During the presidential campaign, Barack Obama made a "talk to
our enemies" position a highlight of his diplomatic vision, using
that stance in particular to underscore how American foreign policy
under him would change toward Iran.
But neither close Obama advisers nor Iran experts are expecting a
rush to dialogue with Tehran come Jan. 20, for a number of tactical
and event-driven reasons:
* The economic crisis will consume much of the new president's
attention and is likely to put off major diplomatic initiatives.
* The sinking price of oil is seen as having clipped Iran's
wings, raised domestic woes for Tehran, and made negotiations
somewhat less urgent.
* And, most important, Iran holds presidential elections in June,
leaving the United States wary of doing anything beforehand that
might be used by Iran's extremist and anti-Western forces - in
particular President Mahmoud Ahmadinejad - to electoral advantage.
None of this means Iran can be expected to have slowed its
nuclear program and its pursuit of uranium-enrichment technology,
Iran experts say. Indeed, the United Nations nuclear watchdog, the
International Atomic Energy Agency, said Wednesday in its latest
report on Iran that the country continues to build up its store of
low-enriched uranium - it now has 630 kilograms (1,385 pounds)
stockpiled - which, with the right know-how, could be the basis for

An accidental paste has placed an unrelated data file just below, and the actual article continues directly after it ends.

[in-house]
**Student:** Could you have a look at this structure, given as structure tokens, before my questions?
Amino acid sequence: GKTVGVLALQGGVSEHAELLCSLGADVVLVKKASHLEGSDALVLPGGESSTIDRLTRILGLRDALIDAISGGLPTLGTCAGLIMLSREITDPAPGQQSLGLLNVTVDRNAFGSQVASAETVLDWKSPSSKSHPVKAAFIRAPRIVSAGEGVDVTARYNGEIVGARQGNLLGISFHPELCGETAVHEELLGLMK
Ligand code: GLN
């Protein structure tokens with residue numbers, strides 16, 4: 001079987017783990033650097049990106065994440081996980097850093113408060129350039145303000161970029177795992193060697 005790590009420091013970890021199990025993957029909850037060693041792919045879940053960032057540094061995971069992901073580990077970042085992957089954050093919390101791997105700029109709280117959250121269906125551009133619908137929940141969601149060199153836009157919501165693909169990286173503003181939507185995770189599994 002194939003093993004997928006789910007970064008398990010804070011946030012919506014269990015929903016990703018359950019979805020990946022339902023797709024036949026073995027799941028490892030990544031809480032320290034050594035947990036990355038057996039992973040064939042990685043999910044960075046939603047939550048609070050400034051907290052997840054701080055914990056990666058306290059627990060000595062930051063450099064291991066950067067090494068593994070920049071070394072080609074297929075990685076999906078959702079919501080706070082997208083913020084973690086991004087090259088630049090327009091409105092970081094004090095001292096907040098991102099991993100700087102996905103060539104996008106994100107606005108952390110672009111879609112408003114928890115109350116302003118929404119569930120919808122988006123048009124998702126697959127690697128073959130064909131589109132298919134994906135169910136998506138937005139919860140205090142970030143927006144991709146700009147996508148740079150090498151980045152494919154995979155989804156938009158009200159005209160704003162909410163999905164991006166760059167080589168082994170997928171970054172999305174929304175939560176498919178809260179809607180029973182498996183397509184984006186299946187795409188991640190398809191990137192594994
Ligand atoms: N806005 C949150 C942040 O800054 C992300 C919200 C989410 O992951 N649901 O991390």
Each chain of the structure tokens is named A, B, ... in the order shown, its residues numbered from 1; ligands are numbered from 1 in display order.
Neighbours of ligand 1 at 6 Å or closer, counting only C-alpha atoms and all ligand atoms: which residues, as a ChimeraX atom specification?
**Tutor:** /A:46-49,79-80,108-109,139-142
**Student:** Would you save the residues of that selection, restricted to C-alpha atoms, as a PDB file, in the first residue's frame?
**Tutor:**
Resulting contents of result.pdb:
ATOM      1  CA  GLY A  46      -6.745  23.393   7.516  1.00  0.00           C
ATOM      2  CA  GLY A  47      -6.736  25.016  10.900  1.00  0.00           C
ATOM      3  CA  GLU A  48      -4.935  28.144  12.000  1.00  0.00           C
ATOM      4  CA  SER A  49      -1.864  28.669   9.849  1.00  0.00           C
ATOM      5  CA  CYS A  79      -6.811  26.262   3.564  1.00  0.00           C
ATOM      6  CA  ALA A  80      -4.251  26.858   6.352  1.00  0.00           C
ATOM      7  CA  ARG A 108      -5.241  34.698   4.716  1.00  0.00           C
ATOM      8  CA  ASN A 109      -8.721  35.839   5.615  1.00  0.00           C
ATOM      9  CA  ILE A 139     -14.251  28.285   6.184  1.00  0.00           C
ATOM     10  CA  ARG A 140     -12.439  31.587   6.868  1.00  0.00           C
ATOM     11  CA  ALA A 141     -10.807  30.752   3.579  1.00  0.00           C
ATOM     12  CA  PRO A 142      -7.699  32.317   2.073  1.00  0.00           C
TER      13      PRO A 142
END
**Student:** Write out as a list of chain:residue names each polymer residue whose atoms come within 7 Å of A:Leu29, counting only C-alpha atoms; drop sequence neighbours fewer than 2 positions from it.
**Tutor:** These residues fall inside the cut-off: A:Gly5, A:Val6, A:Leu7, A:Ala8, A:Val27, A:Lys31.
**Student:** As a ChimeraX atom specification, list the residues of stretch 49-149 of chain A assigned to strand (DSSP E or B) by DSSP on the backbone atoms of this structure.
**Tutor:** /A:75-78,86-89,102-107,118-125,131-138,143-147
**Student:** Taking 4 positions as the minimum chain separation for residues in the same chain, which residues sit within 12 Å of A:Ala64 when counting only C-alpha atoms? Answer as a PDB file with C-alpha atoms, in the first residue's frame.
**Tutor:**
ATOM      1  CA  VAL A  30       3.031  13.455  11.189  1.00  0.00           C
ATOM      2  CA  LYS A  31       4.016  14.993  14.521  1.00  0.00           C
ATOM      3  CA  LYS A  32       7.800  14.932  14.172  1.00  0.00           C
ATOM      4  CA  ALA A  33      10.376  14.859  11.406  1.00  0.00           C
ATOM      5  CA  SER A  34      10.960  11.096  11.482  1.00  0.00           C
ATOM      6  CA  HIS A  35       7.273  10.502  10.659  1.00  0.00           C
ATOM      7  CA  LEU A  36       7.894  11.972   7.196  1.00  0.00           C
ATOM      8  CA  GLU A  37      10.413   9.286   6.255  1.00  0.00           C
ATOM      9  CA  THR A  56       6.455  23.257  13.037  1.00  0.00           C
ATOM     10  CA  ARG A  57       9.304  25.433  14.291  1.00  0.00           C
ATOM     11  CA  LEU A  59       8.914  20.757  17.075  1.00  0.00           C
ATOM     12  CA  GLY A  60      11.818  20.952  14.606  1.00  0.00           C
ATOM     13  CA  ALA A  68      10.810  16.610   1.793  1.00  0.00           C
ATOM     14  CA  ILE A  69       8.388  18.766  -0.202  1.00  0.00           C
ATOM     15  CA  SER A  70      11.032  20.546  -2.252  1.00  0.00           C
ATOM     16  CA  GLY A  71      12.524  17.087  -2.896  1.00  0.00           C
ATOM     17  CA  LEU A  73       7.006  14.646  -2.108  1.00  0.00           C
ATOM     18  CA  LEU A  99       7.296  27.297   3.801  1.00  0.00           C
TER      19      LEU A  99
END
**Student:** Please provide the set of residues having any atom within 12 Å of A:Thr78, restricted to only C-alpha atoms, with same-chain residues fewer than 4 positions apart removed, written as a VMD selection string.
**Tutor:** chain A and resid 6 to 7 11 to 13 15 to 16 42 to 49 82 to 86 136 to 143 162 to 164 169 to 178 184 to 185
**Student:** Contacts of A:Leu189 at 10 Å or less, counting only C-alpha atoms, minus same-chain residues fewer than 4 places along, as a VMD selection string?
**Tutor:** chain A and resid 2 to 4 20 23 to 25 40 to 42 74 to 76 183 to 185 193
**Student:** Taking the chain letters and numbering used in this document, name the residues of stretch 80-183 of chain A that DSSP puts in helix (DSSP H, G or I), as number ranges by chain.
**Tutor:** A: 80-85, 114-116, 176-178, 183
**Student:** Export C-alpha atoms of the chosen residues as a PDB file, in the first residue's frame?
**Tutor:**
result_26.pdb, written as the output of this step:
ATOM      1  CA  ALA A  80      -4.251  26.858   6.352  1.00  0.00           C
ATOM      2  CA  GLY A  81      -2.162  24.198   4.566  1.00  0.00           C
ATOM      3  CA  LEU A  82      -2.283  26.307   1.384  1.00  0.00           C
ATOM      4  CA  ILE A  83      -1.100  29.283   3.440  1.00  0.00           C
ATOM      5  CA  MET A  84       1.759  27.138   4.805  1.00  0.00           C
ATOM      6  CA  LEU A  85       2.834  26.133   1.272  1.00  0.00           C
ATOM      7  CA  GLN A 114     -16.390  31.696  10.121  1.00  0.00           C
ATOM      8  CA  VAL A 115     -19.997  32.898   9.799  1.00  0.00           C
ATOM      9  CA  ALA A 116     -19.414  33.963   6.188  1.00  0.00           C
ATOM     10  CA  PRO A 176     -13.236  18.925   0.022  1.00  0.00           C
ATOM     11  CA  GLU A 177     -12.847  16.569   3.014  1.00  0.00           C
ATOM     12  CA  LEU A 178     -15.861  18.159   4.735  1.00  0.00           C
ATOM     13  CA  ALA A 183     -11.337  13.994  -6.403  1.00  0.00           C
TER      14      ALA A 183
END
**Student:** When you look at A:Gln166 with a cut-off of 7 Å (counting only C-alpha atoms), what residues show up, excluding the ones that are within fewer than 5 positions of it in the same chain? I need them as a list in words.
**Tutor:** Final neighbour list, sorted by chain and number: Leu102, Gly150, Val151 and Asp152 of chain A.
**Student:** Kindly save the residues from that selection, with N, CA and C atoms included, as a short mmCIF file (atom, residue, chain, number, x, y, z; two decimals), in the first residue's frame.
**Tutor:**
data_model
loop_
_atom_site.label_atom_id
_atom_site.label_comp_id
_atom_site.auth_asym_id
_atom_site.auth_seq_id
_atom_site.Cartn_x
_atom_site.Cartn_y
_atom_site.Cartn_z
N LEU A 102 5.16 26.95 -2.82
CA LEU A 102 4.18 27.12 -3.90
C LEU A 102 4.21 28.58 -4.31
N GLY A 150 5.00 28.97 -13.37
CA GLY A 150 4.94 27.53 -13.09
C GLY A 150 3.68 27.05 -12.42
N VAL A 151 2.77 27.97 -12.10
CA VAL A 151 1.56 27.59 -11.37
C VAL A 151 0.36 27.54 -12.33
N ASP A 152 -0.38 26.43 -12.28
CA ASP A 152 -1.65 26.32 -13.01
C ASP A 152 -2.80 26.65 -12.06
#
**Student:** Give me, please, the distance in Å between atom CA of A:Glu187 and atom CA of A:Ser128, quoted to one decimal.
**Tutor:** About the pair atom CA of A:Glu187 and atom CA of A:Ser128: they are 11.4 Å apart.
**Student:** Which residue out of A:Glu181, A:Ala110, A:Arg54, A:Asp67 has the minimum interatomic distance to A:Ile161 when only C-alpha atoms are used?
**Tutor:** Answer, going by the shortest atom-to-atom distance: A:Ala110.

conversion to the highly enriched uranium that would be needed for a
Still, what seems more likely than a quick invitation to direct
talks with Tehran is a period of reestablishing relations with
partners also influential with Iran. The new administration could
also explore means of multiplying contacts with lower-tier Iranian
"Barack Obama made it clear he was prepared to engage Iran
directly, but he also said we have to prepare," said Dennis Ross,
Mr. Obama's top Middle East adviser, speaking Tuesday at a meeting
of the Anti-Defamation League in Denver.
What that is likely to mean, Iran and nonproliferation experts
say, is that while dialogue and diplomacy are a foregone conclusion,
the priority in the new administration will be on getting any Iran
"The question now changes from the what to the how - things like
sequence and timing," says Joseph Cirincione, president of the
Ploughshares Fund, a Washington-based advocate of curtailing the
spread of nuclear weapons.
Concerning timing, he says his recommendation to Obama is "wait -
do not rush into this."
Why? Mr. Cirincione cites Iran's presidential election in June.
"We want to see how domestic politics play out in the Iranian
elections next year," he said Tuesday, speaking to the National
Iranian American Council (NIAC) in Washington. …